By Alan Bean
I have been driven to a startling conclusion: the God who burns with compassion for the outcast is our salvation. That simple message fueled the ministry of Jesus.
Jesus’ solidarity with the poor wasn’t stressed much in the churches I knew as a child. No one denied that the Savior cared for the poor or that charity was a Christian virtue; but we were taught that Jesus came to save our souls for heaven. Period. End of story. That being so, the Savior’s compassion for the poor and marginalized was theologically irrelevant.
Charity was never disparaged, understand. Saved people were expected to show kindness to vulnerable and needy people; but these acts of kindness had nothing to do with “getting saved” or, more precisely, salvation had nothing to do with these acts of kindness. Despite what Paul said in 1 Corinthians 13, concern for “the less fortunate” was optional. Technically, if Ebenezer Scrooge, in full bah- humbug mode, had believed that Jesus Christ died for his sins, he had his ticket to heaven. Good works might suggest that you were being sanctified, but they had nothing to do with salvation, so Ebenezer, the unrepentant sinner, was saved. God might not like it; but those were the rules.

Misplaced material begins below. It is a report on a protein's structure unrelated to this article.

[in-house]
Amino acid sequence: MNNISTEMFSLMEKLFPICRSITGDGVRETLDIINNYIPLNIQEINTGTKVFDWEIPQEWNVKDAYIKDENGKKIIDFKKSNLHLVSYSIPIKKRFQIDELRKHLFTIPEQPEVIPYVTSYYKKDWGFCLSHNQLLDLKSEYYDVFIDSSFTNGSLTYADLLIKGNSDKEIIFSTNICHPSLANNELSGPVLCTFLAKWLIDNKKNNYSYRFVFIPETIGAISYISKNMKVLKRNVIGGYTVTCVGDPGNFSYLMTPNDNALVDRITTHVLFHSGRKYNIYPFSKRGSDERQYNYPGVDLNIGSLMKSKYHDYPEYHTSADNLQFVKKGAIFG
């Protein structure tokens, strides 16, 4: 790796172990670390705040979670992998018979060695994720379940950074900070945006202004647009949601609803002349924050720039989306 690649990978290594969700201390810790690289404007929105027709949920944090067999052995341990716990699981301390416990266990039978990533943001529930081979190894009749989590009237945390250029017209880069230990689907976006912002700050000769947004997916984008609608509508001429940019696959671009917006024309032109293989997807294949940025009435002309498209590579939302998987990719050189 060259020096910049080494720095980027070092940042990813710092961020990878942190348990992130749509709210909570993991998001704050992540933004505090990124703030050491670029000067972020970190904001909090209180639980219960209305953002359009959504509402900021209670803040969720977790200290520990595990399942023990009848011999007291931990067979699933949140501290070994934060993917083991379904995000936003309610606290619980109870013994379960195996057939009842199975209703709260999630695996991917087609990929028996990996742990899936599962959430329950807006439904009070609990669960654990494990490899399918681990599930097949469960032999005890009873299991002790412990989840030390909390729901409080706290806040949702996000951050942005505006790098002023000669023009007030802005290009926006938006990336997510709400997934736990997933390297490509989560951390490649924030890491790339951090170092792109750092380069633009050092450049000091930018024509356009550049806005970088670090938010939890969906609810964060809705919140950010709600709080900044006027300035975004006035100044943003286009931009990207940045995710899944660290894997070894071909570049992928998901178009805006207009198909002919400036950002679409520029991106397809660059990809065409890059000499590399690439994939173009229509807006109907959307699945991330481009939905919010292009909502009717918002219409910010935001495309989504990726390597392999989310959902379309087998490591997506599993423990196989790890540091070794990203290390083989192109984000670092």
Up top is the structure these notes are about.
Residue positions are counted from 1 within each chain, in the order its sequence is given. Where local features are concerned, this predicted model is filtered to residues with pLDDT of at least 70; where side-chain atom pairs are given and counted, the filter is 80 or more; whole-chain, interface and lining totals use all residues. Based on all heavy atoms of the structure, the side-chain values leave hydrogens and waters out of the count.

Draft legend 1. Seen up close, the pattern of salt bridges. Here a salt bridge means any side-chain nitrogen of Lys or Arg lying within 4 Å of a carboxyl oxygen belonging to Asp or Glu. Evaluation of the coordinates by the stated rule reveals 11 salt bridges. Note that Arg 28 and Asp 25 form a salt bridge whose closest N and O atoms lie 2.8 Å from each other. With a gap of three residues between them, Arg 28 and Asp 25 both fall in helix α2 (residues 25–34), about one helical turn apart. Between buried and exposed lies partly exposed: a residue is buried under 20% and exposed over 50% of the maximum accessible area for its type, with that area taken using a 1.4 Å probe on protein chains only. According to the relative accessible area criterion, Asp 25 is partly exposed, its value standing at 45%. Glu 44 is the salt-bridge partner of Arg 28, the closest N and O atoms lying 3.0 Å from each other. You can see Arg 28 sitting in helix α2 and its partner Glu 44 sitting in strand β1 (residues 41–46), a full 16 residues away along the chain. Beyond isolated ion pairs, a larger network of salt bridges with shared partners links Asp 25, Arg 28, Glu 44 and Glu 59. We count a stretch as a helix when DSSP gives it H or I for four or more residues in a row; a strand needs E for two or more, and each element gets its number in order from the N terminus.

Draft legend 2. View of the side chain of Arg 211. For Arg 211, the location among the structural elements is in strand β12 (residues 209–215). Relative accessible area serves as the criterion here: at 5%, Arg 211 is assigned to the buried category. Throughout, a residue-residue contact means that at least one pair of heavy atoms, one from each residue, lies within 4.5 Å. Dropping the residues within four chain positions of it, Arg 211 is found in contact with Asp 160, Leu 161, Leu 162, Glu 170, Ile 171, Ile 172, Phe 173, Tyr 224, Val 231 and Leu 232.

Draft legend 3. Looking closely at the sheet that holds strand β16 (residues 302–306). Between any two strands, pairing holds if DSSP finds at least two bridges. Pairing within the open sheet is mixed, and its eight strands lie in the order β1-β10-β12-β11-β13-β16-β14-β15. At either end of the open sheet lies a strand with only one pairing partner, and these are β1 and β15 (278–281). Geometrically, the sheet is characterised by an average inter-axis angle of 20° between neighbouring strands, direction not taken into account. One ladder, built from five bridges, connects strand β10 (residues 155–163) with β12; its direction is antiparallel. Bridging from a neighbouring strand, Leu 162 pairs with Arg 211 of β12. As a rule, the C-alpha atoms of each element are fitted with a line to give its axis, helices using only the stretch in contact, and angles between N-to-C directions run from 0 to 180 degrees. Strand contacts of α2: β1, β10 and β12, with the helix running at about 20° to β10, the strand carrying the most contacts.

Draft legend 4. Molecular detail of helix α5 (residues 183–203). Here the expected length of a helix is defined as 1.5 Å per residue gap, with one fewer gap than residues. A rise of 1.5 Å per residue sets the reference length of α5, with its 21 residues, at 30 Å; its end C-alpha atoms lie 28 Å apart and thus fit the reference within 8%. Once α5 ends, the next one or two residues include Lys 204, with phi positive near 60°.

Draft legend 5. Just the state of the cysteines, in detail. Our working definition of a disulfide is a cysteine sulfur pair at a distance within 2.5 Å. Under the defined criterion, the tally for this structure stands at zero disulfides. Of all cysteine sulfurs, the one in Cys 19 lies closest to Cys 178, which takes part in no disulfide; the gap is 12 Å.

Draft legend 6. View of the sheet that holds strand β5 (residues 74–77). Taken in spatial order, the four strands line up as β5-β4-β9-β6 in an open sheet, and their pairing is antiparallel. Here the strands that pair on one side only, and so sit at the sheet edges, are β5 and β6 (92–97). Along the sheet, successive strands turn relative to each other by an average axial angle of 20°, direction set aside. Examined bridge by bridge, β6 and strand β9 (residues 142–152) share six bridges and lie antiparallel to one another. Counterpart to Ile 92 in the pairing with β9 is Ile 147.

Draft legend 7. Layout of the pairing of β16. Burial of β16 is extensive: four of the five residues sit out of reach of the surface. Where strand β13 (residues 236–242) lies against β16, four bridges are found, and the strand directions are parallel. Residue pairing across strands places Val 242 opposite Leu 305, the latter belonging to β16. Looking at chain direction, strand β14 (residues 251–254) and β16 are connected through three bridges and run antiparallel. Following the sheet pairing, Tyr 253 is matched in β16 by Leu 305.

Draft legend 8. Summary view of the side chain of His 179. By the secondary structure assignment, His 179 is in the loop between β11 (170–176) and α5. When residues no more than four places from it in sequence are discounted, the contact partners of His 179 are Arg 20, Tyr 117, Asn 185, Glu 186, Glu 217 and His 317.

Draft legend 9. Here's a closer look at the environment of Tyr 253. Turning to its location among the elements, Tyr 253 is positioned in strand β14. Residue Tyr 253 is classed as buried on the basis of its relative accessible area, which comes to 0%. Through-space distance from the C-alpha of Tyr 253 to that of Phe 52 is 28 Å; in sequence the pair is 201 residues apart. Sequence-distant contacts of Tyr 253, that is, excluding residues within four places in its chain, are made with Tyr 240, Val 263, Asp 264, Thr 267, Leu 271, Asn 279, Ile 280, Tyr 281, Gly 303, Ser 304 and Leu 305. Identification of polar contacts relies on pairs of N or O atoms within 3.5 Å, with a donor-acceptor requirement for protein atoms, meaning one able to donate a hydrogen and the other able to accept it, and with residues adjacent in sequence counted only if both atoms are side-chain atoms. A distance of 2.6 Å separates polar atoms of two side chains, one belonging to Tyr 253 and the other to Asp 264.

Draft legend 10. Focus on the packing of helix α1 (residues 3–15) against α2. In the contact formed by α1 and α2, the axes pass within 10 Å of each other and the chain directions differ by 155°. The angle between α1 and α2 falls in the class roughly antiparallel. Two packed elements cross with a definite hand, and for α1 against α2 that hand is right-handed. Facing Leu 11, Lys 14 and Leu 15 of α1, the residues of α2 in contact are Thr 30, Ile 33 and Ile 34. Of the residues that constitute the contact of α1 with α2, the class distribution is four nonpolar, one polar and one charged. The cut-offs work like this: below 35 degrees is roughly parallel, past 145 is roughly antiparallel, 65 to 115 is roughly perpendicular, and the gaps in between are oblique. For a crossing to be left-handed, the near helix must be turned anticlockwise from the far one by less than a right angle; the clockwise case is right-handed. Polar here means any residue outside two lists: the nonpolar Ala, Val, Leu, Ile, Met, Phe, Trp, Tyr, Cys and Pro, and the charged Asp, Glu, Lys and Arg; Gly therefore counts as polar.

Then we stumble into the Gospels, a world where salvation means deep identification with the poor. We don’t earn our salvation by caring for the poor; God’s love for a broken humanity is our salvation. In this we see the glory of God.
This came home to me in a powerful way this Christmas eve in a weird, stream of consciousness collage. Given the season, we might as well call it an epiphany. (more…)